output_queue = [
        'exchange': 'raw',
        'exchange_type': 'topic',
        'exchange': 'sample',
        'exchange_type': 'topic',

If left unchanged output_queue defaults to:

output_queue = {
    'exchange': 'raw',
    'exchange_type': 'topic',

Defining configuration file structure

As BaseCollector derives from the CollectorConfigMixin class we can use its capabilities to define config file structure using a special syntax. To do so we need to assign our configuration specification as the string to the config_spec class attribute. It is easier to show it rather than to explain it.

So our class would look like so:

class MyCollector(BaseCollector):

    type = 'stream'  # Could be one of 'stream', 'file', 'blacklist'.

    config_spec = '''
        source :: str
        url :: str
        download_retries = 1 :: int

In the code above we first line of the config spec specifies in the square brackets what is the name of our configuration section inside of a configuration file. Then we can define attributes followed by converter tags specifying value types (see the n6lib.config.Config module for the details). We can also specify default values as we did with the download_retries attribute.

We can then retrieve our attributes from the config dictionary when needed:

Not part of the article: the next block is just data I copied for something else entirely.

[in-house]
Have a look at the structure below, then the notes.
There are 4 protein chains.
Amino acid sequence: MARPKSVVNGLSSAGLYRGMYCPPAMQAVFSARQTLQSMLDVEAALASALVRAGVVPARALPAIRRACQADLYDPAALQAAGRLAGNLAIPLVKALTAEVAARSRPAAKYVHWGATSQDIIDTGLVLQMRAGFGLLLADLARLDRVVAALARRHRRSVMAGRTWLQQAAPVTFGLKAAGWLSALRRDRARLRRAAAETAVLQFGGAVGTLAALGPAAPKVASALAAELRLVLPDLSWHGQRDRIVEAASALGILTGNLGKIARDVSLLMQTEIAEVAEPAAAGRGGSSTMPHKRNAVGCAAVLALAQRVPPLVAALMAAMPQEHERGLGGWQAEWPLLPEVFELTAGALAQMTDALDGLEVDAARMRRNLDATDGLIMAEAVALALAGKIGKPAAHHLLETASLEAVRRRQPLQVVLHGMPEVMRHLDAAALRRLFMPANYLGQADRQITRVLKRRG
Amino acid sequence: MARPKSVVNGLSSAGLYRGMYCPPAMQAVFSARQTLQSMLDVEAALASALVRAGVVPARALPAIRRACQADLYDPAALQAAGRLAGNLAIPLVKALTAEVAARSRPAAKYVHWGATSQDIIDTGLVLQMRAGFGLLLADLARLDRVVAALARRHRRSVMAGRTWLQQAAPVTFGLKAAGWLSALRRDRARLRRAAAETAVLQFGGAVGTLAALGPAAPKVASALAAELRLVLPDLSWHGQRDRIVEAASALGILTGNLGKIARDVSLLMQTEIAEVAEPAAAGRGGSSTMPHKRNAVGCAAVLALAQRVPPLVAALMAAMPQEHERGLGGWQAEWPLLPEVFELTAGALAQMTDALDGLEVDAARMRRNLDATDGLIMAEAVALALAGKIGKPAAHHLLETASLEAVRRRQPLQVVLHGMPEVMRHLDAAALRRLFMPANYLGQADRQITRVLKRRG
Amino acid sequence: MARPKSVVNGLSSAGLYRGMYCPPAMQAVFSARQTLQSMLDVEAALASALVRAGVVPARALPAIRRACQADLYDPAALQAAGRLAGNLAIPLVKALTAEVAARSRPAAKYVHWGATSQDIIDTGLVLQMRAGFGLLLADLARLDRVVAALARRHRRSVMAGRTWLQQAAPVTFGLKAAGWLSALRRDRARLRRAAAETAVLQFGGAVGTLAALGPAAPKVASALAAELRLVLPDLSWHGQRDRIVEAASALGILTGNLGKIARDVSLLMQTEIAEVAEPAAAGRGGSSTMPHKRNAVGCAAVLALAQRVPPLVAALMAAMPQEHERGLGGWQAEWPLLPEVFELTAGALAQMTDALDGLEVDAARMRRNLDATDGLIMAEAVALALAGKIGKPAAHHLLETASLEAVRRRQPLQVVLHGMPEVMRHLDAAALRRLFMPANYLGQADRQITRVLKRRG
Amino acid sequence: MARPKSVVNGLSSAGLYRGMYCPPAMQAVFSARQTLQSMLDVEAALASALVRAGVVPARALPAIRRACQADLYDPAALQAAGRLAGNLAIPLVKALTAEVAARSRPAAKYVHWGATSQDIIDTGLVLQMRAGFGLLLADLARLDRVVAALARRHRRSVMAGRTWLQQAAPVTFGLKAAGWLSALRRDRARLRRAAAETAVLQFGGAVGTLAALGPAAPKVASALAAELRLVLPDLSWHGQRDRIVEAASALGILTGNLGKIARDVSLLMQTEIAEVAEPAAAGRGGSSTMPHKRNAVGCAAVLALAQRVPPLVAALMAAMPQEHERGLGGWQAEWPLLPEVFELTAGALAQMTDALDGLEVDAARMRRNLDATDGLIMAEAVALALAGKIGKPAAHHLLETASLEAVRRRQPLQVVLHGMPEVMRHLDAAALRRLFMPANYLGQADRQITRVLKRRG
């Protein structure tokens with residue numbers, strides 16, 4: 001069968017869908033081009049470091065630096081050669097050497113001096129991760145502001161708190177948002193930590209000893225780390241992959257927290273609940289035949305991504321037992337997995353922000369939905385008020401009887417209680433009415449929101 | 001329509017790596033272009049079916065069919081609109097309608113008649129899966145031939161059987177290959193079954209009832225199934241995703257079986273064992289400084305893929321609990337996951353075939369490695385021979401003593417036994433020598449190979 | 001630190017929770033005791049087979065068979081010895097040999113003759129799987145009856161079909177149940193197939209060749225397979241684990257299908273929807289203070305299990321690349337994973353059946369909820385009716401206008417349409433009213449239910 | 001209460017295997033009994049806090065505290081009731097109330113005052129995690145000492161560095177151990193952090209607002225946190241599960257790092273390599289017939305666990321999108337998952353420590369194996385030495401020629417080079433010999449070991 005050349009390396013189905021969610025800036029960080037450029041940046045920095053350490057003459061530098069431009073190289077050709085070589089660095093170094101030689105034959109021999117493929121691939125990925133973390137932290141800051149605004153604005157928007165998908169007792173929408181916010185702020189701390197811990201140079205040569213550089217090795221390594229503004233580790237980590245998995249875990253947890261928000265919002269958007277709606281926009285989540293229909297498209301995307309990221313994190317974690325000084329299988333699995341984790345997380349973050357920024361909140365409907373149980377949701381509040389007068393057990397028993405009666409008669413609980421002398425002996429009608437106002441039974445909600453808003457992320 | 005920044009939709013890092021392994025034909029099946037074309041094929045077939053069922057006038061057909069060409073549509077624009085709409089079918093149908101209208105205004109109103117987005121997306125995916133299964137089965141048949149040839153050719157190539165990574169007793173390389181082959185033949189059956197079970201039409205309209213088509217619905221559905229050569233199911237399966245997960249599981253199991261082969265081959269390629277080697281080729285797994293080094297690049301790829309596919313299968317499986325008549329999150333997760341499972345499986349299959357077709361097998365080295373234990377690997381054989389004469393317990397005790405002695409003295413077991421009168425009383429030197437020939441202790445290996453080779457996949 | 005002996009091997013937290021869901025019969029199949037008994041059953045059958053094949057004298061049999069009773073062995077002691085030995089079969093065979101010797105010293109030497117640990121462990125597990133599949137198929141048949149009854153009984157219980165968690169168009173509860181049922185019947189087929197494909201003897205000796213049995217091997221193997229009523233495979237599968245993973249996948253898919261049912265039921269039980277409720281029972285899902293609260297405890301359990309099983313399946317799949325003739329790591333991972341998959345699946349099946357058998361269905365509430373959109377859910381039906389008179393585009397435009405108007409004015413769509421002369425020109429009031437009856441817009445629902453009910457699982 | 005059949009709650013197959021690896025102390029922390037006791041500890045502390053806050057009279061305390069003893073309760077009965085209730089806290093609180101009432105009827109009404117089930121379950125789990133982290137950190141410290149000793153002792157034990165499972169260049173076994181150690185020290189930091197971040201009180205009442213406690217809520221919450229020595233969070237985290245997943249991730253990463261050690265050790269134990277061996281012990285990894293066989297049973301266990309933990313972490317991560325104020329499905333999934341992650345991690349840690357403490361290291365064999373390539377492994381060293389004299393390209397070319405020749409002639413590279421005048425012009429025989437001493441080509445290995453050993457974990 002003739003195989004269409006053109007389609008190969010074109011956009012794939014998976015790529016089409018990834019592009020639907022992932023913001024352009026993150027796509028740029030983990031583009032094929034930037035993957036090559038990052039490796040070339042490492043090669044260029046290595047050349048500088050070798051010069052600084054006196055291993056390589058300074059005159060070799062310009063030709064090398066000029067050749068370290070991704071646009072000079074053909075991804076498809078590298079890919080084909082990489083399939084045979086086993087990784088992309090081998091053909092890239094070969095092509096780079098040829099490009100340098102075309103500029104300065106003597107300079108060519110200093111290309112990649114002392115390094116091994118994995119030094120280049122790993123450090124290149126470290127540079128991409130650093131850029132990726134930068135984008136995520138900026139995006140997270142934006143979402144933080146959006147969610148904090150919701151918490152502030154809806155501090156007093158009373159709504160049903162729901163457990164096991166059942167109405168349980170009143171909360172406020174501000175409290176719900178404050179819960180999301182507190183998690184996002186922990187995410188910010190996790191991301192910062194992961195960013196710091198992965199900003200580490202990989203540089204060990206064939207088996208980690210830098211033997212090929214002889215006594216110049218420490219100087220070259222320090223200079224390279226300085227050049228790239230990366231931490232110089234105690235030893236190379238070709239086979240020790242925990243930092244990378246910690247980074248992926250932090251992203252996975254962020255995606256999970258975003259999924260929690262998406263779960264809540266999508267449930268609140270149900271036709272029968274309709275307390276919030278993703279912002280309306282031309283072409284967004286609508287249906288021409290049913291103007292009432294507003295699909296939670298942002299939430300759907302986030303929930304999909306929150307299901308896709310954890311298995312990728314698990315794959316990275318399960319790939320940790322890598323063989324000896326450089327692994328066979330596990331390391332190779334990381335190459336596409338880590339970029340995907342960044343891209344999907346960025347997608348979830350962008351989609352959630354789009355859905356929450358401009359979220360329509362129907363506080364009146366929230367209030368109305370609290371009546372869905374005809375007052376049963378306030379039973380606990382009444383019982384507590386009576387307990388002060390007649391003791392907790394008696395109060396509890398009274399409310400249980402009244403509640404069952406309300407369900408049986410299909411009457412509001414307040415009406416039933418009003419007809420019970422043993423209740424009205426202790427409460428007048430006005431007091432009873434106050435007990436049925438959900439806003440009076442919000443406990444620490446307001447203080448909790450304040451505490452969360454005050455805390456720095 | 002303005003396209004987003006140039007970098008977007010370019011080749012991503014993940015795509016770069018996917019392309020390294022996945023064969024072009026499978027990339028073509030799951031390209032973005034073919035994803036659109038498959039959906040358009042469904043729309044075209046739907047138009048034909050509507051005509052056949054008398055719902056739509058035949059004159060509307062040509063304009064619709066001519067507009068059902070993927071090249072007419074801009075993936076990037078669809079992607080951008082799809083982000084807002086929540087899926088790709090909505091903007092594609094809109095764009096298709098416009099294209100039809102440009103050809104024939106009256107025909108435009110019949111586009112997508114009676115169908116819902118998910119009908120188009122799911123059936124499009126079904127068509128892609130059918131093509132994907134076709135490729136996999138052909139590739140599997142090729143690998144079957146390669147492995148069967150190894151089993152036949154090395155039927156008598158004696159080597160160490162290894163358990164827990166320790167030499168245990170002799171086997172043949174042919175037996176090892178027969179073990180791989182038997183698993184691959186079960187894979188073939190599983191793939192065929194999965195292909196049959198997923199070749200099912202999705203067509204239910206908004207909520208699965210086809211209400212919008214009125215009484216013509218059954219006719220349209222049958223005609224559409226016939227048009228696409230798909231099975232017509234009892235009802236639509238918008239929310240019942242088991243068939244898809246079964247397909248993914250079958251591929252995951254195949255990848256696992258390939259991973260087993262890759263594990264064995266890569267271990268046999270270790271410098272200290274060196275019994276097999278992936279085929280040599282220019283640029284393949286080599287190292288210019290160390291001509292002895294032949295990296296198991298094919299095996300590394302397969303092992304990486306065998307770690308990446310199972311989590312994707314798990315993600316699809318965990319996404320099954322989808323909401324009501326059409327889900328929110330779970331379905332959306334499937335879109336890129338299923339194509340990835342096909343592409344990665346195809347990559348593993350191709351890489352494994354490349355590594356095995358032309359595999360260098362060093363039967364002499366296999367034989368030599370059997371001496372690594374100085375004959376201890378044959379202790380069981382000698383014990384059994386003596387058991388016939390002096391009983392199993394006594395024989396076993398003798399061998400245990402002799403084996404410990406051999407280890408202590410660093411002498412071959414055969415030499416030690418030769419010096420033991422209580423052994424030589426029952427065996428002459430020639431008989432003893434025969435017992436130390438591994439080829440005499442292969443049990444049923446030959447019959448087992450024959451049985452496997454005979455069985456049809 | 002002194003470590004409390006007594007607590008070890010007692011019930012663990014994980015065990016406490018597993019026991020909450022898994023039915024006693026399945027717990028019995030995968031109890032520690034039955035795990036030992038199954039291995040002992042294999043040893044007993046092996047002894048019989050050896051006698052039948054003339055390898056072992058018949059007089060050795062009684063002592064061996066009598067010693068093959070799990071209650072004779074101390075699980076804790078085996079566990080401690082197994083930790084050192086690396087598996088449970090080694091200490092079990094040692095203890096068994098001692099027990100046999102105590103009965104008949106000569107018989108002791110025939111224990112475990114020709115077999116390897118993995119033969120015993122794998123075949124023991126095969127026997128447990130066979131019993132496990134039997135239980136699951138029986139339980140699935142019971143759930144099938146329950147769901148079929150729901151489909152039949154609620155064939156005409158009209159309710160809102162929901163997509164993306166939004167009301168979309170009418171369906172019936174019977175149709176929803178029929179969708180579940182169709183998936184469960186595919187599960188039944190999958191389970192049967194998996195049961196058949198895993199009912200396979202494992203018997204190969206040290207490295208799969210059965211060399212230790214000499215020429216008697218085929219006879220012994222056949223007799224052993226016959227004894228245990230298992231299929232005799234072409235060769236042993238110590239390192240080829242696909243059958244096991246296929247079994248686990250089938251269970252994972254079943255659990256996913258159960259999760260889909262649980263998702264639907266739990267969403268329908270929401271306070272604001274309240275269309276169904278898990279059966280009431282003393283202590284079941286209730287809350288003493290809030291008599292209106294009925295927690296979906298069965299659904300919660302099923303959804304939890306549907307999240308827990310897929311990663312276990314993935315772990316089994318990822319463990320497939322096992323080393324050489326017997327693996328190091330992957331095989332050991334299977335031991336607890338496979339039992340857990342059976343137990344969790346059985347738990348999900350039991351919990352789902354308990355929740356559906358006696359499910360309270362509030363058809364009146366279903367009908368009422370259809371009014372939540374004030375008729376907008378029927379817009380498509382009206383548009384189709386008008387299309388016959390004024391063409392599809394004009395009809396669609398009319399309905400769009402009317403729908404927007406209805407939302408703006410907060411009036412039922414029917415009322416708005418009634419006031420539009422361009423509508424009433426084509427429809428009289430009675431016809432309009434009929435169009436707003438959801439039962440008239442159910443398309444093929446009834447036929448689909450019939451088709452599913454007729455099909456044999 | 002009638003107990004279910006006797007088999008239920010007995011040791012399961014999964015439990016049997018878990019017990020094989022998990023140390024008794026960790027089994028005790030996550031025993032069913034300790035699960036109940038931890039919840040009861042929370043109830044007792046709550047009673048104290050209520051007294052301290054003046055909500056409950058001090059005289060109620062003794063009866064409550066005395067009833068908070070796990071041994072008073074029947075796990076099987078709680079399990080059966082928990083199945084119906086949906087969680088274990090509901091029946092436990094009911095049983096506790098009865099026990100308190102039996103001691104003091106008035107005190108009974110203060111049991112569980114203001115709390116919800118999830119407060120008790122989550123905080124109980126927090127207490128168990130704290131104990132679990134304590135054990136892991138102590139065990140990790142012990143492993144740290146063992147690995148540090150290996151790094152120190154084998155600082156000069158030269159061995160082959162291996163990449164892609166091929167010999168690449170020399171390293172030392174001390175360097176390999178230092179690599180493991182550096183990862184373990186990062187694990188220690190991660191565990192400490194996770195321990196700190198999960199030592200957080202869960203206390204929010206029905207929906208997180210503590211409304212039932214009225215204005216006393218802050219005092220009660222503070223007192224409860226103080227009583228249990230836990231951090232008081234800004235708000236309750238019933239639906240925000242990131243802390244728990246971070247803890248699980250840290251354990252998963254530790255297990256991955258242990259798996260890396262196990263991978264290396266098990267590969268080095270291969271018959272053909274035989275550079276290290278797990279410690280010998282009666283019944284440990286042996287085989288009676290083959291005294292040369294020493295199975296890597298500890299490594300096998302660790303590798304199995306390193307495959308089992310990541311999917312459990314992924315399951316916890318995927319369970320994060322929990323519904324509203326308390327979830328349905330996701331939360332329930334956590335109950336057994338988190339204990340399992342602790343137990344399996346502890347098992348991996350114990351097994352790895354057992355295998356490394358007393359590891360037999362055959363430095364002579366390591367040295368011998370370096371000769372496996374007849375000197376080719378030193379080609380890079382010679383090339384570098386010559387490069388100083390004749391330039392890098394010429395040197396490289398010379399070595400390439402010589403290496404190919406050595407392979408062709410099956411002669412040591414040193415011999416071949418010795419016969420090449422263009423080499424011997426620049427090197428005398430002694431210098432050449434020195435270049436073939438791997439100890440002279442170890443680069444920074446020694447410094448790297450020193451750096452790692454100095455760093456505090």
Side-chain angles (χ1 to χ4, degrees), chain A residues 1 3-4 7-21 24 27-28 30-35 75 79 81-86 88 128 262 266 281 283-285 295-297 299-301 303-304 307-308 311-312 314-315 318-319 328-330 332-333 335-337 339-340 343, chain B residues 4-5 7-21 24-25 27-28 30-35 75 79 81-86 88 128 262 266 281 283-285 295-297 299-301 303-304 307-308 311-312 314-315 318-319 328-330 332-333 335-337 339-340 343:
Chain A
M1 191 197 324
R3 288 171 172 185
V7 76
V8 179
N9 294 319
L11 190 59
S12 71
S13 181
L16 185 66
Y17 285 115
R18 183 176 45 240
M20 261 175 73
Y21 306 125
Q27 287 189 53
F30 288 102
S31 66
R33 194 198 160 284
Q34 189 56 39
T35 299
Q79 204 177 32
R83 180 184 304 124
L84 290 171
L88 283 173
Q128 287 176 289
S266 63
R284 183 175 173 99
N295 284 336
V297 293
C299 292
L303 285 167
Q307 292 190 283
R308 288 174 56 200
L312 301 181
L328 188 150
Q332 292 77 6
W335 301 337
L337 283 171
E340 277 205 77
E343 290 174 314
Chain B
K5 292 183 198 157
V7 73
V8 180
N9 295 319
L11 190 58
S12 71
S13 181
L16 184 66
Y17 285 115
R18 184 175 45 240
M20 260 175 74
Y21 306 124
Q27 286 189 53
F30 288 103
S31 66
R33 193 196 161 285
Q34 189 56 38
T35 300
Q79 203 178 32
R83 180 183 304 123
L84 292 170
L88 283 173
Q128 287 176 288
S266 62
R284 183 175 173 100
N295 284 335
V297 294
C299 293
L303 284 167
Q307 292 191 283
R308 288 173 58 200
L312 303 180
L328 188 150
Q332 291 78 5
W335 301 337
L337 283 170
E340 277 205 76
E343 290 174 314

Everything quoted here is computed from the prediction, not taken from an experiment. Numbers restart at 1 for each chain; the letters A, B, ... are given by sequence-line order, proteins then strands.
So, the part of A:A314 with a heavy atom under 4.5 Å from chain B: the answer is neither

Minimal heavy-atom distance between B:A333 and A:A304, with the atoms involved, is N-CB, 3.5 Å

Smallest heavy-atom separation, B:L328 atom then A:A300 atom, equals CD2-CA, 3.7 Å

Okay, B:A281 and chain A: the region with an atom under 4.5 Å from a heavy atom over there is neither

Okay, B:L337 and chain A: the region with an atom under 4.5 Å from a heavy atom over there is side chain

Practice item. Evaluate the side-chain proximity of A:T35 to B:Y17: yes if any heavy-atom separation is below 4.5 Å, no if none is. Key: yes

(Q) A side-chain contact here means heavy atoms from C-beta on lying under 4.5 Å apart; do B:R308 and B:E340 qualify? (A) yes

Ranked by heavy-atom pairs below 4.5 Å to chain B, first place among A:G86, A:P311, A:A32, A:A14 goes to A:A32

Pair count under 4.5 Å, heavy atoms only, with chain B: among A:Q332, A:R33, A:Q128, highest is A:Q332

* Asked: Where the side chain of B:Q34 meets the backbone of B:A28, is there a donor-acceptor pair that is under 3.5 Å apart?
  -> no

class MyCollector(BaseCollector):

    type = 'stream'  # Could be one of 'stream', 'file', 'blacklist'.

    config_spec = '''
        source :: str
        url :: str
        download_retries = 1 :: int

    def __init__(self, **kwargs):
        # we don't really need to save it as an instance 
        # attribute but here we do so just as an example
        self._url = self.config['url']

Some of the configuration fields are used by the parent classes, in this case the source field is a field required by the BaseCollector class. (Note: this field should be the first part of the data source identifier.)

As you can see it is important to know what kind of configuration attributes your base class might need to have defined.

There is an older way of defining configuration structure using config_group and config_required class fields but those are deprecated. Still, you could find them in implementations of some existing collectors.

Collector’s logic

What the BaseCollector class does for us is dividing collectors logic into 6 different methods. The method get_output_components glues them back together (yes, it is a template method - if you are familiar with programming design patterns). Its return value contains all you need to export the collected data as a RabbitMQ message; it is a 3-tuple consisting of: the AMQP routing key, the output data body and a dict of AMQP message properties (typically, these three items are ready to become respective arguments of the publish_output method).